Supersize solar power

Solana solar project

Parabolic troughs, one of which is shown here, have been around for 25 years, and the technology will be around for at least another 25.


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Parabolic troughs reflect sunlight to heat liquid carried through a tube above the troughs. That liquid is converted to steam, which drives a traditional electricity turbine.

One solar thermal power plant developer filed for bankruptcy in the early 1990s. But the technology is making a serious comeback. Building a solar plant in Arizona is cost-effective compared with a natural gas plant, said David Jallo, project head for the 280-megawatt Solana project at Arizona Public Service. At a recent Ceres conference, Jallo attributed this to solar costs going down, while costs of natural gas plants are going up.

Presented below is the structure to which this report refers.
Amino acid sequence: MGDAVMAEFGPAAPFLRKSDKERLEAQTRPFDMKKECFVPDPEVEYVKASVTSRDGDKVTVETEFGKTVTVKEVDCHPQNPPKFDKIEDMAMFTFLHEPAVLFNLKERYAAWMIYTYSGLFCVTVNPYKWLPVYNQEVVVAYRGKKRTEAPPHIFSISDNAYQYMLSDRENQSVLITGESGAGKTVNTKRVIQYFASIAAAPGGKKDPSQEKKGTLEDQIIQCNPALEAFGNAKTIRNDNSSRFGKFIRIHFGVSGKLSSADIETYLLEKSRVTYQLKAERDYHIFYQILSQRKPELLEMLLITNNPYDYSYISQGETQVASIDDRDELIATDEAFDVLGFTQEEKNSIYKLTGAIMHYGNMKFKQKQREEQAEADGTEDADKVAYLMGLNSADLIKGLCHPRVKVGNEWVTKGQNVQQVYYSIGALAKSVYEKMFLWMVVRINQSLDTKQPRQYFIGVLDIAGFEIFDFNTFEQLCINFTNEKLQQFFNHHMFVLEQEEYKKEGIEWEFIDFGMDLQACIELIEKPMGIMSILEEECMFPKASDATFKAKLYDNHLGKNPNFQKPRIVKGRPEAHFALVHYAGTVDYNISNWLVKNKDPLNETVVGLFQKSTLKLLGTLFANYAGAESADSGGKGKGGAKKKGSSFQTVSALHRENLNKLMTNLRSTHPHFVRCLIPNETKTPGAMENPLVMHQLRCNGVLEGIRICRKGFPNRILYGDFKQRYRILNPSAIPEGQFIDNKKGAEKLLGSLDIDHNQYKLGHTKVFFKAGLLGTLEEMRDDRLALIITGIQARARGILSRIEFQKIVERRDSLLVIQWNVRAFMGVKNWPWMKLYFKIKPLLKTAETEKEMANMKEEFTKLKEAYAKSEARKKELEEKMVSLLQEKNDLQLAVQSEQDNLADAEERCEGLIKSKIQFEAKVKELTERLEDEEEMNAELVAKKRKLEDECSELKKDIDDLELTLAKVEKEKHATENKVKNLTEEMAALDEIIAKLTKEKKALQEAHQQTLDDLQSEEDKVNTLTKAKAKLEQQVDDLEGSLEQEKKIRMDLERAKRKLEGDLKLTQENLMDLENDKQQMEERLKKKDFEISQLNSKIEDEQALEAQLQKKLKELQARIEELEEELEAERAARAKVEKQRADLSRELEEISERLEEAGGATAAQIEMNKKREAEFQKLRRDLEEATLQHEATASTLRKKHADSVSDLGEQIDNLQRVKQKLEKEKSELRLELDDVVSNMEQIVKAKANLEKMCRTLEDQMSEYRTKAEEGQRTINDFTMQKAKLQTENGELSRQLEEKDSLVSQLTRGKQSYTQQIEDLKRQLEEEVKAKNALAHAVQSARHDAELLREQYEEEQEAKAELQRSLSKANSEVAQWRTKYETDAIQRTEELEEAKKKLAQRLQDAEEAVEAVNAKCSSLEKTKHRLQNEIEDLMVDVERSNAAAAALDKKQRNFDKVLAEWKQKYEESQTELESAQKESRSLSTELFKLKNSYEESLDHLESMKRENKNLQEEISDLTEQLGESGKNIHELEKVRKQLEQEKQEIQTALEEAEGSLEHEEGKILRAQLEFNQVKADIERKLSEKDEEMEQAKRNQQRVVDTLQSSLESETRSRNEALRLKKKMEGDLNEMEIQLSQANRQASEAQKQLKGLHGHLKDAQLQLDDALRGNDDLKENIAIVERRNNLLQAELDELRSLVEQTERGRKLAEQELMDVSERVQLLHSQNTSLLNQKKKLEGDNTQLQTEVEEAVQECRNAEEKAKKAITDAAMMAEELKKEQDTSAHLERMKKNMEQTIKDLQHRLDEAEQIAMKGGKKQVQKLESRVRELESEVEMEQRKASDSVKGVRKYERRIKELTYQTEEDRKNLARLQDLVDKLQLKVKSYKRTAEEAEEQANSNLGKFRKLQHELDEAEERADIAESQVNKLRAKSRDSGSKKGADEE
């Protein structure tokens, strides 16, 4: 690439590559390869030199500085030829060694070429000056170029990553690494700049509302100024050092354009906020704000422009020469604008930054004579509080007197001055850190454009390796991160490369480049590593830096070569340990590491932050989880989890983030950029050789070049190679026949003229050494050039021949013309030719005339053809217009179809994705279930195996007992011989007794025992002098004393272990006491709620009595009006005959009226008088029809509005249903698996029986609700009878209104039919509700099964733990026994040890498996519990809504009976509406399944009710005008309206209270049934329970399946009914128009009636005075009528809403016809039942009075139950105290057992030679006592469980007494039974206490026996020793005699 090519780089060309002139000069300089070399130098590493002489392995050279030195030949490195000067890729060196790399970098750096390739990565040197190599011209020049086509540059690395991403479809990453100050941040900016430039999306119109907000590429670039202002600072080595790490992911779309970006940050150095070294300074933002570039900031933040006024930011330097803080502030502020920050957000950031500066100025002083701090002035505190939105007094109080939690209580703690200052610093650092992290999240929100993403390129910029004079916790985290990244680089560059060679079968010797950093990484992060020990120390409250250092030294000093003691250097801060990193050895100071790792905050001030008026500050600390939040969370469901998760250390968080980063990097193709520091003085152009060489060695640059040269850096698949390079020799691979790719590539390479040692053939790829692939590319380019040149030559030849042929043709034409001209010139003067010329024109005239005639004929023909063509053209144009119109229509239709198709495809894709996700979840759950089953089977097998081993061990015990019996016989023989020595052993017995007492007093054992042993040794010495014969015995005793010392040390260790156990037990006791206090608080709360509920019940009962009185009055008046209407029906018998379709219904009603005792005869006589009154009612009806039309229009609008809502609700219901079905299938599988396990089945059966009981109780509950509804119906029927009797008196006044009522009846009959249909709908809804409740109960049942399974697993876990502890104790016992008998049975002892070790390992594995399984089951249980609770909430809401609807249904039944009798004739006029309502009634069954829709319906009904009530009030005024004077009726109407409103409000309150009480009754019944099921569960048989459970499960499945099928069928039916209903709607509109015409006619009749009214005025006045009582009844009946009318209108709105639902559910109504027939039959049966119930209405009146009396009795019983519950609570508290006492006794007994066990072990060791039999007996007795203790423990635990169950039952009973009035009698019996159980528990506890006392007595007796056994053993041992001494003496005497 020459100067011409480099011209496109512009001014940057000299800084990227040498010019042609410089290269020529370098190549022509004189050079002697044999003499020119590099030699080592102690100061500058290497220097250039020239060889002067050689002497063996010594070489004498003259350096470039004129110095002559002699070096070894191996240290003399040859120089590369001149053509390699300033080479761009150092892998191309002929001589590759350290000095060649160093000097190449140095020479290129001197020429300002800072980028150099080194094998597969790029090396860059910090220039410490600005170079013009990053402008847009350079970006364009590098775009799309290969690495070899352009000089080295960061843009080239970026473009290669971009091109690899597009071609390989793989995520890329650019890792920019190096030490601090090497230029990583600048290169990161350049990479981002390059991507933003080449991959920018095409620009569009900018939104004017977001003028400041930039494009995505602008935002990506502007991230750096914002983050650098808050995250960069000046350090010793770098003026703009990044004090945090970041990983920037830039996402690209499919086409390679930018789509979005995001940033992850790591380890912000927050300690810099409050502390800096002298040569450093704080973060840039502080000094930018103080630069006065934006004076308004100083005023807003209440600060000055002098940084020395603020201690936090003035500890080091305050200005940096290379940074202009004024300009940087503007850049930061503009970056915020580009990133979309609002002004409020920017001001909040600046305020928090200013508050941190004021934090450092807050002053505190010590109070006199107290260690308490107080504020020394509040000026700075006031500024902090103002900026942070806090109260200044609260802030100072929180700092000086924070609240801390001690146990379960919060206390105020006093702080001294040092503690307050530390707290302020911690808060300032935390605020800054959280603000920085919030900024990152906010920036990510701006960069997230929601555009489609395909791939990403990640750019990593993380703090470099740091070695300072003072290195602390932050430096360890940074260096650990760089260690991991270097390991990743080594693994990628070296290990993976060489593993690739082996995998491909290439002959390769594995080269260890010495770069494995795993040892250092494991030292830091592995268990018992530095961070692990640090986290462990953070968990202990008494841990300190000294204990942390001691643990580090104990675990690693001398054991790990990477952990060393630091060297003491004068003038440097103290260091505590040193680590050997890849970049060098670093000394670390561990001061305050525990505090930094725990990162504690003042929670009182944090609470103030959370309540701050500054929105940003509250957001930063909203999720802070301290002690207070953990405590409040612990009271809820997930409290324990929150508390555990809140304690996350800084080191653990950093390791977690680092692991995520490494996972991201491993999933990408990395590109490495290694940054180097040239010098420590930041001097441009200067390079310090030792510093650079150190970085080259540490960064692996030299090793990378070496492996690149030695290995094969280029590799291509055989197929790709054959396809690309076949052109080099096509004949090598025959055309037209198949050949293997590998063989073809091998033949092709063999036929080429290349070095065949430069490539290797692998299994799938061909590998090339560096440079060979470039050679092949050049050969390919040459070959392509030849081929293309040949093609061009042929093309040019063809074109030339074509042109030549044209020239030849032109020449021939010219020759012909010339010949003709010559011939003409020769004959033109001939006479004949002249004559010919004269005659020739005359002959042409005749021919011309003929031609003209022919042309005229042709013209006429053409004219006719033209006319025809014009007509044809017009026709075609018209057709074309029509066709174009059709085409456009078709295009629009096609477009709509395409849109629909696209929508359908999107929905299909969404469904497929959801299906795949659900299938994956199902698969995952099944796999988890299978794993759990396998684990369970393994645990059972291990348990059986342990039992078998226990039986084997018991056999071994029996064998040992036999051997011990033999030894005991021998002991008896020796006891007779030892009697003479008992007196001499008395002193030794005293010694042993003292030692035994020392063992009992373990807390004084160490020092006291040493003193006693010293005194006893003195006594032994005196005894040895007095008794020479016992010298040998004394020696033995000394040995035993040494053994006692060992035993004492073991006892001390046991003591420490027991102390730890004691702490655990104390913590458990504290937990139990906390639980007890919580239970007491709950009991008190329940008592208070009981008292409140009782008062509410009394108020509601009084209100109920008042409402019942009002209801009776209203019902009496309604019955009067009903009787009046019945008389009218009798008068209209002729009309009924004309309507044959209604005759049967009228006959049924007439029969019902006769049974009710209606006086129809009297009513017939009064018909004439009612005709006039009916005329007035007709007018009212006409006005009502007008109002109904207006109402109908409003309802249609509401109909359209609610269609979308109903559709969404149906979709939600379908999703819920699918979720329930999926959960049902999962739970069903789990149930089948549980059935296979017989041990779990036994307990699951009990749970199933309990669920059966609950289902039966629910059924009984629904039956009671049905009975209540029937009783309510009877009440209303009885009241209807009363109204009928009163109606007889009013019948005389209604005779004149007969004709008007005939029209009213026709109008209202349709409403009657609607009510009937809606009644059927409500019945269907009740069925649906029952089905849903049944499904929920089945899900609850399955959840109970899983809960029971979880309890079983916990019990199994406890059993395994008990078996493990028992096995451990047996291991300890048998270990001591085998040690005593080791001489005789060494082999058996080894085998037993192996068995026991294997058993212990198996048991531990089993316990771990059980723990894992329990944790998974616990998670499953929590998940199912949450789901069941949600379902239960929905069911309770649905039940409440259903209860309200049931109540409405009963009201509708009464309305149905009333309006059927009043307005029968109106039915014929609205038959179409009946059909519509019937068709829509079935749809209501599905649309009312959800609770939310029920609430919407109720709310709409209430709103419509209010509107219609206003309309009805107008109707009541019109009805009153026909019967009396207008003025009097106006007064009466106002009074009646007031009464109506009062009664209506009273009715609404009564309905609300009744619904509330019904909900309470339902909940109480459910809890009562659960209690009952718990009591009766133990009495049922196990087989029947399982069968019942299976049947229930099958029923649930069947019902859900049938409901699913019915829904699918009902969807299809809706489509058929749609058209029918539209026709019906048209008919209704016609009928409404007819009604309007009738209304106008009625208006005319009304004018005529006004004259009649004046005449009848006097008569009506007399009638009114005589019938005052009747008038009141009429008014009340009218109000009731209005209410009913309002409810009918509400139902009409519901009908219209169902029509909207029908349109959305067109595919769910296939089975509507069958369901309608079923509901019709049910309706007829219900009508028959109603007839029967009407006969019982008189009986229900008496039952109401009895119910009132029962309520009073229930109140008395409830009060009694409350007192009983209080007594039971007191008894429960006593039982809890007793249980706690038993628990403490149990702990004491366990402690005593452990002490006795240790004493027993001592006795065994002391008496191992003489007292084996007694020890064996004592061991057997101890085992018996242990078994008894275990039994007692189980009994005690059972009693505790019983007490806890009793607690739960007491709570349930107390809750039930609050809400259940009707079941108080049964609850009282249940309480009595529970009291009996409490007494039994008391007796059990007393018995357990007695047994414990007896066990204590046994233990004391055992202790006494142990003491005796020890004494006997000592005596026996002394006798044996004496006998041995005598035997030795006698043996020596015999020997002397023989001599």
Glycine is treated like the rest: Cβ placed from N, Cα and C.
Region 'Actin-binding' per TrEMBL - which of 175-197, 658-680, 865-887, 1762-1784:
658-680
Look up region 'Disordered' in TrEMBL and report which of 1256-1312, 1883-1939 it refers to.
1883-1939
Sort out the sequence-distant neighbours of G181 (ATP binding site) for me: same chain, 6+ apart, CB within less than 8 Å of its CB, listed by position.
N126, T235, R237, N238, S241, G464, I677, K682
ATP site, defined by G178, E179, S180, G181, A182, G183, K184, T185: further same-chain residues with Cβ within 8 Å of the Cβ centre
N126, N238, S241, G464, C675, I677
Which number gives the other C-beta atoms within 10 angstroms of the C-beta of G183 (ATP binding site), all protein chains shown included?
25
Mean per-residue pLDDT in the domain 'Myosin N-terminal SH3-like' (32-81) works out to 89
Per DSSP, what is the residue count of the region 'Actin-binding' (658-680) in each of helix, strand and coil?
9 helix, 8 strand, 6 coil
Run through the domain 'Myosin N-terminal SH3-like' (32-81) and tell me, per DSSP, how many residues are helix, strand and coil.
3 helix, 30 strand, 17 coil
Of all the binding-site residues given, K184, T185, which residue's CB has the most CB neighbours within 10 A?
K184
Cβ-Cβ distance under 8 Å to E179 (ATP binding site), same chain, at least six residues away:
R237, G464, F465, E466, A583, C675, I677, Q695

These concentrating solar power plants are best suited for desert areas, like the southwestern U.S. and parts of Spain.

Credit: Abengoa

Caption text by Martin LaMonicaElsa

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